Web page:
Question # 7

Why is a data center location important, and explain why Myntex is in Canada?


I think people just don’t understand the advantages and implications of server location. Canada has a large international economy; we have a stable government and is one of the last remaining countries that cares about our privacy and freedom.

The one thing that I personally have heard numerous times is many people in Europe seem to think Canada is the United States. I think that could be a misnomer, where people just don’t quite understand how we are separate sovereign nations.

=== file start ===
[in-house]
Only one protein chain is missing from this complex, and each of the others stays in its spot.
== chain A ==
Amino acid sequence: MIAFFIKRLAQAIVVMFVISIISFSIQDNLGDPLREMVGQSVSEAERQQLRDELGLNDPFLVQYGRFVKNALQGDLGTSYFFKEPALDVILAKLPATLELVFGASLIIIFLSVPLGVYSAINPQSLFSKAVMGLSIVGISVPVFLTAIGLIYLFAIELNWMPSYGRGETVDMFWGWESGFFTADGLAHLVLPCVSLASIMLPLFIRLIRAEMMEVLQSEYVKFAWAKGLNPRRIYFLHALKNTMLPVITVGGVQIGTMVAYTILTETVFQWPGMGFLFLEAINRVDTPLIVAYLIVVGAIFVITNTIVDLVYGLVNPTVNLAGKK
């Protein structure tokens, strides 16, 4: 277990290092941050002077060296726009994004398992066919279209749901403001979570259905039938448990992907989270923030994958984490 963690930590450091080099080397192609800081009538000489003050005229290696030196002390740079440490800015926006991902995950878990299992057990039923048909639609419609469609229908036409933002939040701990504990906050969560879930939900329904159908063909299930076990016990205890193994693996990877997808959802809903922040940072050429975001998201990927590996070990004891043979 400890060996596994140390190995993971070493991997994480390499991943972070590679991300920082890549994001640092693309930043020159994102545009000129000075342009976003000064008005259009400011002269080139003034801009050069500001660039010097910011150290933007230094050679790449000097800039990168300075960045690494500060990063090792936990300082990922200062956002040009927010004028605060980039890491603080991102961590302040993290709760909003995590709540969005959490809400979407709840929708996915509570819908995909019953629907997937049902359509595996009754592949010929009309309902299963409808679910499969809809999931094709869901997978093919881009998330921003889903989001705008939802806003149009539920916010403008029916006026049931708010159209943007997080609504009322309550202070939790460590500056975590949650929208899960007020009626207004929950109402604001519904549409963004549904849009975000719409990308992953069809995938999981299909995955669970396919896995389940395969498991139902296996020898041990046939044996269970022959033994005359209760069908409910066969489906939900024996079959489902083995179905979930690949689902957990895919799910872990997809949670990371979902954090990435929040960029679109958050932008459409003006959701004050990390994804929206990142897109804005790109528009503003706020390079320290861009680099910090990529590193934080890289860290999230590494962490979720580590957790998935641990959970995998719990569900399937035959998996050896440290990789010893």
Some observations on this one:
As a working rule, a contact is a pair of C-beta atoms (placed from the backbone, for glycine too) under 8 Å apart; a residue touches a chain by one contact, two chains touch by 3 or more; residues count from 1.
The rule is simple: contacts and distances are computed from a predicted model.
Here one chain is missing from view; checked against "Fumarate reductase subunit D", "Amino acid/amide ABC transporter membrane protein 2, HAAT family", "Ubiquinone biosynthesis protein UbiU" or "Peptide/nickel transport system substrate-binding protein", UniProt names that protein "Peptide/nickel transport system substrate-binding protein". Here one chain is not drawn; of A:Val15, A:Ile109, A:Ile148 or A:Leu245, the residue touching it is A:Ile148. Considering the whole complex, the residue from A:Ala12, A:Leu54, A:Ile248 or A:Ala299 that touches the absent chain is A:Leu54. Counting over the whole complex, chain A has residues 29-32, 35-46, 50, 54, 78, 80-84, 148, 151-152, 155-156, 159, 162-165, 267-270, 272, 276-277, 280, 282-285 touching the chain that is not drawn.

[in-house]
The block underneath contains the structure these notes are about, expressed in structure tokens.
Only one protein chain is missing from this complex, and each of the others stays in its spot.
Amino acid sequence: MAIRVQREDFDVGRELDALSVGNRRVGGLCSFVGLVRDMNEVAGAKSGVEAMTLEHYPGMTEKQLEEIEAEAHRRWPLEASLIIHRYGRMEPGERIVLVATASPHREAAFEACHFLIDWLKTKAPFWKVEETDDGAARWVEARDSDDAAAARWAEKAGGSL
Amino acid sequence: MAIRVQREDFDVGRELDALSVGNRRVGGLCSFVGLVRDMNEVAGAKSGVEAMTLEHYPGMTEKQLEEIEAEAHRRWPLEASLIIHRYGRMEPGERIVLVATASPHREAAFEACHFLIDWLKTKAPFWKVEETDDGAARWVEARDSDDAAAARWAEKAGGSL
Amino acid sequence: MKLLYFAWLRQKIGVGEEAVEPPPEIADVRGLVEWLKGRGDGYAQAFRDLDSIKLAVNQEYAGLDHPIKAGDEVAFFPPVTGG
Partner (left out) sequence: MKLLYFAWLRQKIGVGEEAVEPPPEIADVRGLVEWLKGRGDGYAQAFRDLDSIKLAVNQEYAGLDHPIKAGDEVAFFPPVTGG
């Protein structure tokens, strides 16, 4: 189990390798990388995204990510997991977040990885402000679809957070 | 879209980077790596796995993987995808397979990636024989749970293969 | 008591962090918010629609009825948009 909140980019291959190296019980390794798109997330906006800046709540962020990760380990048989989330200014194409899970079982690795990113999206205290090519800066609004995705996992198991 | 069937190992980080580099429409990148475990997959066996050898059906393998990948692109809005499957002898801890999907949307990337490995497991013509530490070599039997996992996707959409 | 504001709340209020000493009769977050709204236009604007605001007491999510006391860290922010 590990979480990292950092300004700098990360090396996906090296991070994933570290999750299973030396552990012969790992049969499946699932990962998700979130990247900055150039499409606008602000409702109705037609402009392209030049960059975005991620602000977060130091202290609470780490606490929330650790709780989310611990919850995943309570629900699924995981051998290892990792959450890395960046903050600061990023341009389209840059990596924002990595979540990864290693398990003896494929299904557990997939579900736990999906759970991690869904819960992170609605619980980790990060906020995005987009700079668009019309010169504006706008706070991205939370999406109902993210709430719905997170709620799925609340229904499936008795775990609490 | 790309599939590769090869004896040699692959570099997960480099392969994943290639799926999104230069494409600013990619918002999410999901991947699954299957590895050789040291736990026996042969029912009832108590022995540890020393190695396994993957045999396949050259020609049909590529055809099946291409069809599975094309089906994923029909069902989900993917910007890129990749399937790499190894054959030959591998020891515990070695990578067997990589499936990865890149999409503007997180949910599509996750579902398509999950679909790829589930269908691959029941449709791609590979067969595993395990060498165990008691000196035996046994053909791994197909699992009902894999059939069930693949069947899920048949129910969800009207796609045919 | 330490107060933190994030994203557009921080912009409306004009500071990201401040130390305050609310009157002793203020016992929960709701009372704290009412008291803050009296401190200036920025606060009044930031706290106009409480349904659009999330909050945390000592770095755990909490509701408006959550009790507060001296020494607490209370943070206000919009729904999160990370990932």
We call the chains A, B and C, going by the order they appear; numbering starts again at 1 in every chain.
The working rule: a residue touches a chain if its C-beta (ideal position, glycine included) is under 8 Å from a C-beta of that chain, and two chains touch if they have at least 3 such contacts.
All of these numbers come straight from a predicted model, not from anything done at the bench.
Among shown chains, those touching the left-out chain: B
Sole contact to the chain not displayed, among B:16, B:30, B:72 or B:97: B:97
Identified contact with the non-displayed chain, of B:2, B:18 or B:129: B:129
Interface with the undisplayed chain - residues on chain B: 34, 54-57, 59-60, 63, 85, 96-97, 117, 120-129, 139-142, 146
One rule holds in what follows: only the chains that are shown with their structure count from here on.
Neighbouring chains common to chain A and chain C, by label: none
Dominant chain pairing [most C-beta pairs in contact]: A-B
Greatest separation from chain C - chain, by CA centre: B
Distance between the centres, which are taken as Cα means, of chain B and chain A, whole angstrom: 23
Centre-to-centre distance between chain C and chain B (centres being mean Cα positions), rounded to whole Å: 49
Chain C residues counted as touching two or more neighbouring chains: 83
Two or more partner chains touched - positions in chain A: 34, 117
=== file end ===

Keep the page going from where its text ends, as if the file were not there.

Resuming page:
Question # 8

For Mobile Device Management, Myntex has relied on BlackBerry UEM, how do you ensure its secure?


We self-host UEM, so we control it, nobody else does. If there’s a problem, I call BlackBerry to explain the issue. We may do a screen share so they can look, but they have no access to our server at all.

You can also host BlackBerry UEM in their cloud, but then you don’t physically control the server. Therefore, BlackBerry gives organizations the option to self-host.

Question # 9

What’s the difference between the Myntex Data Center and companies using cloud servers?


A cloud could technically speaking still be in a single data center. It would be considered a non-resilient cloud, but it is possible to still call it a cloud if it’s using cloud-based computing, like the OpenNebula open-source cloud computing platform developed by NASA, is awesome.